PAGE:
OWNERS’ desire to give treats during the pandemic is being blamed for a rise in overweight pets in Scotland – raising concerns of an obesity epidemic.
Some160,000 pets have gained weight in Scotland since March 2020 raising concerns from vet charity, the People’s Dispensary for Sick Animals (PDSA) that it is a “ticking bomb” threatening the lives of pets across Scotland.
The charity’s study in conjunction with YouGov has also found that 84,000 Scottish owners have fed their four-legged friends more human treats since the start of the coronavirus pandemic, adding further fuel to what it calls “a pet obesity crisis”.
And nearly one in in ten pet owners in Scotland have reported that their pet has gained weight since the start of the pandemic.
But the new study found that Scottish pet owners exercise their dog significantly more frequently than in England or Wales, with 55 per cent reporting they go walkies more than once a day, compared to 43 per cent of people living in England, and 36 per cent of owners in Wales.
PDSA vet Susan Hermit said: “Worryingly, the detrimental health effects of obesity in our four-legged family members don’t appear to be well-recognised amongst owners. Three in ten don’t agree that overweight pets are more likely to suffer from serious diseases, and 35 per cent don’t agree that they are less likely to live as long.
“Obesity has been a huge problem among pets for a number of years and sadly our PAW Report indicates this is only getting worse. It is one of the biggest long-term health concerns for our pet population, because it is so commonly seen by vets and nurses, with vet professionals estimating that up to half of their pet patients they see each week are overweight.
“Animals who are overweight have a much greater risk of developing health problems such as arthritis and diabetes – which can have drastic consequences, even shortening their life by up to two years. We could therefore see this huge obesity problem impact on our pet’s health for years to come.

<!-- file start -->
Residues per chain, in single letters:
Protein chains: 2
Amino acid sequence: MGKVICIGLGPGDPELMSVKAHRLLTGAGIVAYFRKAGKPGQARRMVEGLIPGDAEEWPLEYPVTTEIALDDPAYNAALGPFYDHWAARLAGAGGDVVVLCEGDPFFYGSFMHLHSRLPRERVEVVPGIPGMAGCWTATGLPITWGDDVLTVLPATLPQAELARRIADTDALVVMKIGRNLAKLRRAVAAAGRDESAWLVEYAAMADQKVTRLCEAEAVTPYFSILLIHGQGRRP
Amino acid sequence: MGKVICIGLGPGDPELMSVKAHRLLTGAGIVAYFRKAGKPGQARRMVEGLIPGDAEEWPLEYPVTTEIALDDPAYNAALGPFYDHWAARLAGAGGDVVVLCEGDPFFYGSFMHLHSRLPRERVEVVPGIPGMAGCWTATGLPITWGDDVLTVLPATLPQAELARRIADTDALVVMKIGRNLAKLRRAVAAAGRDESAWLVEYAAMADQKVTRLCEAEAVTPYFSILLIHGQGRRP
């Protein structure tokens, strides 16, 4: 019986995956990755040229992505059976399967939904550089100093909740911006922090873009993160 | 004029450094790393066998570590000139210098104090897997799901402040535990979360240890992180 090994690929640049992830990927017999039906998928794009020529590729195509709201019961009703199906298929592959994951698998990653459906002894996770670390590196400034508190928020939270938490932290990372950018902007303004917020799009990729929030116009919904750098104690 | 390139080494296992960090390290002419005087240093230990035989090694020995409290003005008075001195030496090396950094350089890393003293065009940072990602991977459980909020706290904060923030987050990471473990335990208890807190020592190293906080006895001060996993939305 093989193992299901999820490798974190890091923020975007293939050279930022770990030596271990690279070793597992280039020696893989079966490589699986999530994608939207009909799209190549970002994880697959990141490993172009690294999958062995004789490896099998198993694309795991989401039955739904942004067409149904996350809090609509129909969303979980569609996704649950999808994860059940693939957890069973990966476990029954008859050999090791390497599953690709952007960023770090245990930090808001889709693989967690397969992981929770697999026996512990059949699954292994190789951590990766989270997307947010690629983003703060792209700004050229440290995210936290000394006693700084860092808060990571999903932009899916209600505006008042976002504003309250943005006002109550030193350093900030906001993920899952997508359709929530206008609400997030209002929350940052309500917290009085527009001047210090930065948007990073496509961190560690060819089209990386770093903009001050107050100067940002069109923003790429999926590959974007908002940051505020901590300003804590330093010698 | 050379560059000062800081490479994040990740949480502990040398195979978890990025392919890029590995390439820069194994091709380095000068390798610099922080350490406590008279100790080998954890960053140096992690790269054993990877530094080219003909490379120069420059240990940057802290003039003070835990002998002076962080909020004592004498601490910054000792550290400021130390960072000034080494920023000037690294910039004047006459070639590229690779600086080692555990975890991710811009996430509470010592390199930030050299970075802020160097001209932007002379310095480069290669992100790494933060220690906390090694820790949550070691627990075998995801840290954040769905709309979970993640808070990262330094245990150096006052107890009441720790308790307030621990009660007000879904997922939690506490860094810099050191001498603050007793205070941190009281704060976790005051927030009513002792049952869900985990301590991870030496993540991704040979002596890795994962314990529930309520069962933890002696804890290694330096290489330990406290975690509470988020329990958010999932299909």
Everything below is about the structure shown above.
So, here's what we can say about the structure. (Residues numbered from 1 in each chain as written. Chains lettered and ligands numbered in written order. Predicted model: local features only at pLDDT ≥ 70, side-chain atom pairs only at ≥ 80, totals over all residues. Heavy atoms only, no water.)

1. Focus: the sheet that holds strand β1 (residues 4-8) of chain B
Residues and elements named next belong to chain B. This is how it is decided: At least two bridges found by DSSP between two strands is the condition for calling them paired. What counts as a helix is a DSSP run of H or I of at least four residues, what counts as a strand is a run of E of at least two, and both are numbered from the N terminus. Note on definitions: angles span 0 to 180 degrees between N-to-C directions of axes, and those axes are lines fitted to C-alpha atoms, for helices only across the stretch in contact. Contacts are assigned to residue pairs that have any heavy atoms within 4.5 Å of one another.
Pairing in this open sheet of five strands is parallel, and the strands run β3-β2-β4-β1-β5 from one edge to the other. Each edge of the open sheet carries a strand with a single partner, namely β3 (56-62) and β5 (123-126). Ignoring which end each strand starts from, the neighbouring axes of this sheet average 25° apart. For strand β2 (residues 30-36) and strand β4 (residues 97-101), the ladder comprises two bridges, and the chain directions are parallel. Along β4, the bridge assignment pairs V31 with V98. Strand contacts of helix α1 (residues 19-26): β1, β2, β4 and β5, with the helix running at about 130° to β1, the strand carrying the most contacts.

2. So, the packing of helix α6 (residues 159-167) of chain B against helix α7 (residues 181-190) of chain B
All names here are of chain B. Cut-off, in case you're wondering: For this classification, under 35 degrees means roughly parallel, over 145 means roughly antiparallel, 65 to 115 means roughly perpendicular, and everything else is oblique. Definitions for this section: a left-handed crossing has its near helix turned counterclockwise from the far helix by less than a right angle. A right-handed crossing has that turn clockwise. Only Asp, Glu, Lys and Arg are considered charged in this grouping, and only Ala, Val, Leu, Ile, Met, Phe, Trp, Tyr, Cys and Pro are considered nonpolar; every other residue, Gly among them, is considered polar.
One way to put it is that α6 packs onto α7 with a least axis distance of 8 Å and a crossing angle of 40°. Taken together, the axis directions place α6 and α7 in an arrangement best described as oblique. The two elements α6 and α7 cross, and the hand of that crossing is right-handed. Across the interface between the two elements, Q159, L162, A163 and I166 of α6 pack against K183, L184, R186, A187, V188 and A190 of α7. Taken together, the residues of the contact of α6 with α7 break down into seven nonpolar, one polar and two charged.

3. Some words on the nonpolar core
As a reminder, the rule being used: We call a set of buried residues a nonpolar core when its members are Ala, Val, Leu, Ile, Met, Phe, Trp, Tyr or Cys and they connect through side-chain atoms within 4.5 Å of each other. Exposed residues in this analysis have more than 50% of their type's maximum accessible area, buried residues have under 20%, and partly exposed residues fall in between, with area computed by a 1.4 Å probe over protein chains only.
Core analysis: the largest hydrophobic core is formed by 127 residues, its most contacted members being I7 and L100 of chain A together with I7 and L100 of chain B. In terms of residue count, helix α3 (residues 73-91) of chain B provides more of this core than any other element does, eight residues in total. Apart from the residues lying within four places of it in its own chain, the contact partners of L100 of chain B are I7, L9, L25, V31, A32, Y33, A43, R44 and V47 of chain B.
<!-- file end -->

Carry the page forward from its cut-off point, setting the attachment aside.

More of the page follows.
“In most cases, simply adapting their diet, replacing treats with playtime and encouraging them to move more can make a huge difference, and are all the ingredients needed for our pets to maintain a healthy weight, essential for a happy, healthy life.”
Across the UK, for those who said their pets were overweight, the most common factors preventing them slimming down was that they beg for food (29%) and they like feeding treats (19%).
Nearly one in five said it was because their pet is fussy with food and 15% said it was because the owners felt giving treats shows how much they love their animals.
Ms Hermit added: “With many owners spending more time at home with their pets since the start of the pandemic, the potential for weight gain due to increased feeding – particularly of treats – was always a concern.
“Unfortunately, we know from previous PAW Reports that some owners struggle to recognise when their pet is overweight or obese and in need of weight loss, which is the first step towards helping them live a longer, happier life. ”
Alex German, Royal Canin Professor of Small Animal Medicine at the University of Liverpool and world-leading expert in cat and dog weight management, added: “Pet obesity is a growing crisis that is having an impact on the long-term health and happiness of pets.
“Both experience and research show that carrying excess weight can have huge health implications, including associations with shorter life expectancy. We all agree that we need to tackle pet obesity urgently, although losing weight can be challenging if you don’t know where to start.”